Older electrical installations are often poorly understood by those responsible for maintaining them. Electrical installations are accepted as being in compliance with the current wiring standards upon receipt of a satisfactory Electrical Installation Certificate, however this may not be the case. It is possible that any larger than average installations that have been subjected to additions and alterations over periods of time may not comply with the design requirements of both new and even the old standards.
Retrospective design tools can be used by duty holders and electrical installation designers to ensure that existing systems are in compliance.
Why is it important to examine installations retrospectively?
All installations must be designed to comply with the requirements of BS 7671. The requirements contained within this non-statutory document are recognised by the HSE as likely to achieve conformity with the relevant parts of the Electricity At Work Regulations.
The HSE may use the requirements of BS 7671 in a court of law as persuasive evidence to confirm where appropriate, the non-compliance with the appropriate EAW Regulation. More often than not the prosecution usually results from loss of life or limb etc. Many other incidents occur within installations that do not involve the HSE but will involve claims via insurance companies.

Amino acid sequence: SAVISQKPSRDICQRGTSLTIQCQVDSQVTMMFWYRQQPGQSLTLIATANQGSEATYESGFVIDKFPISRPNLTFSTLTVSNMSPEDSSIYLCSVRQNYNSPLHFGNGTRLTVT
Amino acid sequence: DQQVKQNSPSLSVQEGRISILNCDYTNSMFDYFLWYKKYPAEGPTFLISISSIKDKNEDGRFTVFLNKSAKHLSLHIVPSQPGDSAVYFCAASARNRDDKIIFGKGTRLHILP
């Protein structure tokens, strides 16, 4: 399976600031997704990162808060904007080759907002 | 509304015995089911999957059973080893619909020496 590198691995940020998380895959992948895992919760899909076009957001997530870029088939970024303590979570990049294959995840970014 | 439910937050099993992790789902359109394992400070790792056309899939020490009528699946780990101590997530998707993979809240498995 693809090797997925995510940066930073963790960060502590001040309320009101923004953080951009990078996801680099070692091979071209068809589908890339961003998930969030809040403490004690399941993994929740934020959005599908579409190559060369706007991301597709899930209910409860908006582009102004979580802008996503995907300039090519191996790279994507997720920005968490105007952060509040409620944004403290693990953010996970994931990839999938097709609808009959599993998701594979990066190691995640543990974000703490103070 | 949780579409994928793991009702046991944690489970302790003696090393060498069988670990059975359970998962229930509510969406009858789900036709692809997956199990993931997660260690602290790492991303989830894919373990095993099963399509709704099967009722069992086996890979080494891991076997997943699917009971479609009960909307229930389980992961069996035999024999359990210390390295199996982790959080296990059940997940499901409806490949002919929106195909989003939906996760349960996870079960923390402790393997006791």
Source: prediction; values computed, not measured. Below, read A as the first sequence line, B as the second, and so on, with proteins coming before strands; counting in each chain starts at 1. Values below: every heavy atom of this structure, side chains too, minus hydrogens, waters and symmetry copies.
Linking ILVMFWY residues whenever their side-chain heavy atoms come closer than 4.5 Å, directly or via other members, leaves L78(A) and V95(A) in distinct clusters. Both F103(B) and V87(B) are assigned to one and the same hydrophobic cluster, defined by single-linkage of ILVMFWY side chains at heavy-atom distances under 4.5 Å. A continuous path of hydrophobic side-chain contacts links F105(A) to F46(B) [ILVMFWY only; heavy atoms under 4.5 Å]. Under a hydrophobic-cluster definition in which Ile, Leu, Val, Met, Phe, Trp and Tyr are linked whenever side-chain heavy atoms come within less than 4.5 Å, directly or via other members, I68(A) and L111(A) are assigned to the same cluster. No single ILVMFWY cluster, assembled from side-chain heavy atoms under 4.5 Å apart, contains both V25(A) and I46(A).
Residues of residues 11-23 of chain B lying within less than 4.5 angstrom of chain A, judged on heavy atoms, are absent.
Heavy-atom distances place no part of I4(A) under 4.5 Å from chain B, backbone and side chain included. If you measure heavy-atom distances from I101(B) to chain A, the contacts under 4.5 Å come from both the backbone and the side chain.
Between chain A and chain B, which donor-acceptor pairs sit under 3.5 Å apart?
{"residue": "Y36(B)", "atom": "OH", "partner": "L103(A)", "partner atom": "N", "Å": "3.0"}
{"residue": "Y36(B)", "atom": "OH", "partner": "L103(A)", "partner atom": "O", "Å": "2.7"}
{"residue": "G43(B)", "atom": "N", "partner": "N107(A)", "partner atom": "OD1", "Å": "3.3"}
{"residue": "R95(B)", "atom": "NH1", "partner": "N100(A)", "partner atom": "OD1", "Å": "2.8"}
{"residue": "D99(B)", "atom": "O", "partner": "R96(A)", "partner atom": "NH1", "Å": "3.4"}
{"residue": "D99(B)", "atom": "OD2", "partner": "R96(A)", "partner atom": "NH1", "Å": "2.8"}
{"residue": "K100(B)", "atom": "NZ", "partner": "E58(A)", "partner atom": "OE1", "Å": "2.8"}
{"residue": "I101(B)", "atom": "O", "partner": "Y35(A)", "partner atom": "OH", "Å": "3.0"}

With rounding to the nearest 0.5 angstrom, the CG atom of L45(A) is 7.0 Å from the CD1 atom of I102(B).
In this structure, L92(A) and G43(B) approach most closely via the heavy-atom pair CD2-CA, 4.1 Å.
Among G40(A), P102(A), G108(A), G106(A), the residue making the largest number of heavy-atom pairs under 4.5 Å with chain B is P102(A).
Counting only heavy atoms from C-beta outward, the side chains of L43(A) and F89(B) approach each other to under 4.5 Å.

Non-compliant installations may not only carry significant risk of loss of life or limb, but also be a cause of expensive equipment damage, supply failure, downtime and business financial loss. Potential problems could include motors either failing to start or stalling, lighting levels reduced to below safe levels, potential failure of high bay light fittings and the failure of any voltage dependent equipment including IT equipment.
“It is acknowledged that 75% of the businesses that are involved in large insurance claims and have lost, either close within 12 months or, even worse, never re-open.”
With insurers being openly more pro-active in demanding higher standards in risk management from their clients; it becomes increasingly more important for the clients to read, understand and comply with the requirements specified in what is termed ‘the small print’.
A current condition report for an installation may be insufficient to satisfy the insurers that the installation was in compliance with the design parameters contained within BS 7671 at the time of the incident resulting in the insurance claim.
It must be stated that insurers, against common belief, do not generally try to escape or shirk their responsibilities but where the insured has not been seen to comply with what is specified within the policy then obviously it is within their rights to decline payment.